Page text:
Nonetheless, academic minds are always trying to come up with a theory. Charles Darwin believed music was created as a sexual come-on. His idea is given credence by the universally acclaimed song of the summer, «Blurred Lines.» (Note: The link goes to the Jimmy Fallon version played with toy instruments and is suitable for work.)

Other theorists believe music was an attempt at social glue, a way to bring early humans together into a close-knit community.

Chris Loersch, a senior research associate in psychology and neuroscience at the University of Colorado, likes that idea, and he’s done research to try and prove it. He and Nathan Arbuckle, from the Department of Social Sciences and Humanities at the University of Ontario Institute of Technology, designed a series of studies to bolster it.

«This hypothesis centers on music’s unique ability to influence the mood and behavior of many people at once,» they write, «helping to mold individual beings into a coordinated group.» They cite the power of military music, music played at sports games, and «ritualized drumming» as examples.

In a series of seven studies, the two looked at the «emotional reactions» to music of 879 individuals from U.S. universities and from abroad. They also asked the respondents how much they identify with an in-group. The subjects who said they were most affected by the music they heard had a «higher need to belong.» (Read: Making Music Boosts Brain’s Language Skills)

Loersch, whom we interviewed about the research, is quick to admit that this is not definitive proof but does help bolster the theory that «music evolved in service of group living.»

Does your theory explain why we pay lots of money to congregate with other fans at a concert?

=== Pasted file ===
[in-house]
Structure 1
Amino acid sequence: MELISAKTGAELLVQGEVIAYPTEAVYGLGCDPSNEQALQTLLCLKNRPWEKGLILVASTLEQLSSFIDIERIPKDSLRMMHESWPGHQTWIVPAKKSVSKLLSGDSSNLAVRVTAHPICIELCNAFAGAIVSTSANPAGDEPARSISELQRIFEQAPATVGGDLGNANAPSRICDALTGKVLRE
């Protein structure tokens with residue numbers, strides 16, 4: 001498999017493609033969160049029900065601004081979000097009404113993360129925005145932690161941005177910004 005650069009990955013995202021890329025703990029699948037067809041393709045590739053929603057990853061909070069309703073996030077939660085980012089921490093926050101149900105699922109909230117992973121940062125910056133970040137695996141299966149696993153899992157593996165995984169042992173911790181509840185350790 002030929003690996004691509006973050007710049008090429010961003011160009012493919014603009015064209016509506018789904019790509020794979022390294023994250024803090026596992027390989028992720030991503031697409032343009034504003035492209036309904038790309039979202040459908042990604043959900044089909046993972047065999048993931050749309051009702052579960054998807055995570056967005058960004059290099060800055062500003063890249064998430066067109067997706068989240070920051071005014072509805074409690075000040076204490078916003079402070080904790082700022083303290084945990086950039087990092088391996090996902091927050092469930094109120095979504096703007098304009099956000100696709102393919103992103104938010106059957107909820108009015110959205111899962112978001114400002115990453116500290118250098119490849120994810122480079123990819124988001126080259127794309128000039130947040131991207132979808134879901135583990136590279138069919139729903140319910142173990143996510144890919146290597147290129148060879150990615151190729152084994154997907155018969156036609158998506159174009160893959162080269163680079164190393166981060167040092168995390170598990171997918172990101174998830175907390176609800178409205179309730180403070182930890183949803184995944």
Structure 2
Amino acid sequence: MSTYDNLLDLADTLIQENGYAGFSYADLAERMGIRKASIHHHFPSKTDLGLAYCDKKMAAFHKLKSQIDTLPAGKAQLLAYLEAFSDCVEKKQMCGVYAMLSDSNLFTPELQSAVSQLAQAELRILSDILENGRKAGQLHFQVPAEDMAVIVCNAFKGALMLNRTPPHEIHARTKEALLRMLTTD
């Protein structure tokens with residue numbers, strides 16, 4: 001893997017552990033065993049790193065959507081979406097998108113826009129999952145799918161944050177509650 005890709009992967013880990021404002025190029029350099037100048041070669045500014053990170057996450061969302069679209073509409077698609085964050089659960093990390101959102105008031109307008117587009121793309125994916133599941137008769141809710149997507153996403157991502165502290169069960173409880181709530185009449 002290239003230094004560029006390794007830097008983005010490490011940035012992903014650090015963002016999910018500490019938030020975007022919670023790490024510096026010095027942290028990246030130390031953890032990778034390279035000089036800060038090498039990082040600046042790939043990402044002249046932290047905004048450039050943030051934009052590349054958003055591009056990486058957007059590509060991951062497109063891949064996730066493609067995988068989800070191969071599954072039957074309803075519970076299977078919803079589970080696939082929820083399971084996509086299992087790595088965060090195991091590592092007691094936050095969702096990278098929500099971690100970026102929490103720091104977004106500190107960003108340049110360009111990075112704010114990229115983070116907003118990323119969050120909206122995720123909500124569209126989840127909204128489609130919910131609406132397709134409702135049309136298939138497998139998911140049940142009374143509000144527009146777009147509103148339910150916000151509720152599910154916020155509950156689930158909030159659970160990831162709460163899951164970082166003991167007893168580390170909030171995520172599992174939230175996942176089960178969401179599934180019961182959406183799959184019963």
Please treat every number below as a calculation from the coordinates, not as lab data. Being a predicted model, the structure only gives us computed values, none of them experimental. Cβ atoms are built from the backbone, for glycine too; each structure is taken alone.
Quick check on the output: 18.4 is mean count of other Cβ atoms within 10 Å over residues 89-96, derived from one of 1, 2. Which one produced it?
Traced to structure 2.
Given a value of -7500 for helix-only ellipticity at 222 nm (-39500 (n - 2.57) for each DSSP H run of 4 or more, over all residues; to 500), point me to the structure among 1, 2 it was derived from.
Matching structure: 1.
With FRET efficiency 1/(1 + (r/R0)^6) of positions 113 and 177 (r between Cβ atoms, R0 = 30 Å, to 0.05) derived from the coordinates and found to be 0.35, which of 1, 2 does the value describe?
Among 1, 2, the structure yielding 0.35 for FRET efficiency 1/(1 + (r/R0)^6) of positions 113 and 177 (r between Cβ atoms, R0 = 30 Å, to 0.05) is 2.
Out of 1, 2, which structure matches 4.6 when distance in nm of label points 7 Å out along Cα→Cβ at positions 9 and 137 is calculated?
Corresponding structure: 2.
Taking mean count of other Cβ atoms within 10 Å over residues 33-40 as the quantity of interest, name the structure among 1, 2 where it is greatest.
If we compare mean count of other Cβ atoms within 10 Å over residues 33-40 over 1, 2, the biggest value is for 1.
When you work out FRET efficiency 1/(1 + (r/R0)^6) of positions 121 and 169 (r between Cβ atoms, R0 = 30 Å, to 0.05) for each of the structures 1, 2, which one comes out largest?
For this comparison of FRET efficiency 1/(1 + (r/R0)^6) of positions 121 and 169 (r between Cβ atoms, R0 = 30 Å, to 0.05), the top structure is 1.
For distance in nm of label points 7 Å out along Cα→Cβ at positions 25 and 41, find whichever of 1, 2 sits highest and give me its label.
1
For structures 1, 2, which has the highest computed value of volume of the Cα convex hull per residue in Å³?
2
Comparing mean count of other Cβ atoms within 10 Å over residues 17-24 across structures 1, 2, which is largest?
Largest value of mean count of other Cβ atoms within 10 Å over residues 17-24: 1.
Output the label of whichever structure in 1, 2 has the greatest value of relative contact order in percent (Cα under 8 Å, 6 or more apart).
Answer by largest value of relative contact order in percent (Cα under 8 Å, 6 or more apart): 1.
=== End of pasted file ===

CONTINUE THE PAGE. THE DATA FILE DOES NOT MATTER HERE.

I saw a bunch of Phish shows at one point. There’s a certain sense of community there, a lot of rules for how that community interacts with each other. People are bonding on a large scale, treating everybody that’s camping around them as family members. I think that’s what concerts are about, really becoming a group with those people around you. We put a YouTube link to a concert in the paper, where somebody on stage starts waving hands to the right and left and all these people with huge intense smiles engage in exact same behavior. You can see on their faces that music is having the most intense positive effect. Forty thousand people are completely bound up in being a group member.

But you’re not exactly best friends with all those people?

Even though you don’t know them at all, part of our theory is that the music is there to bind you and control you, not as an individual but as a member of a group. As humans our primary motivation in life is to be a good group member. People start to feel great when they lose their individual identity and become part of this larger whole.

Sometimes people boo at concerts.

I think we boo other social behavior all the time, not explicitly. When people don’t hold up their end of a social contract, that’s what gets you ostracized from a group.

So if a musician shows up late or puts on a bad show, they’re fair game for booing?

I don’t think musicians are immune from that ostracism just because they happen to be in control.

If music is all about connecting us to a group, why do people listen in solitude as well?

I think even when you listen by yourself, what makes that feel good is that you are kind of being tricked—much like when you watch TV—into thinking you’re interacting with people, tricked into thinking you’re part of a group. Our core motivation is to feel like we belong. Anything that tricks you into feeling that way is going to feel rewarding, you’re going to pursue that like a drug.

How do you regard the theory that music was invented as a sexual lure?

What we would argue is you play music and that gives you power to control a large group of people and power is attractive to the opposite sex.

Who’s your favorite musician?

My favorite artist is Stevie Wonder: I think he’s incredibly effective at communicating emotions. He makes you feel what he feels. And he clearly feels a lot.


Humans Evolved to Enjoy Songs and Music

Humans are remarkably talented musicians. We can recognize a tune despite when it’s slowed down or sped up or even if all of the notes are shifted to a higher or lower pitch. Though these may seem like trivial feats, most other animals can’t manage them. Experiments have shown that six-month old human babies can already distinguish musical pitch and recognize shifted melodies. These exceptional abilities suggest that humans might have some innate capacity to perceive and understand music, something like our hypothetical language faculty. Given that we’ve been able to sing for much longer than we’ve had musical instruments, it seems reasonable that any music capacity we evolved would be more attuned to vocal than instrumental music.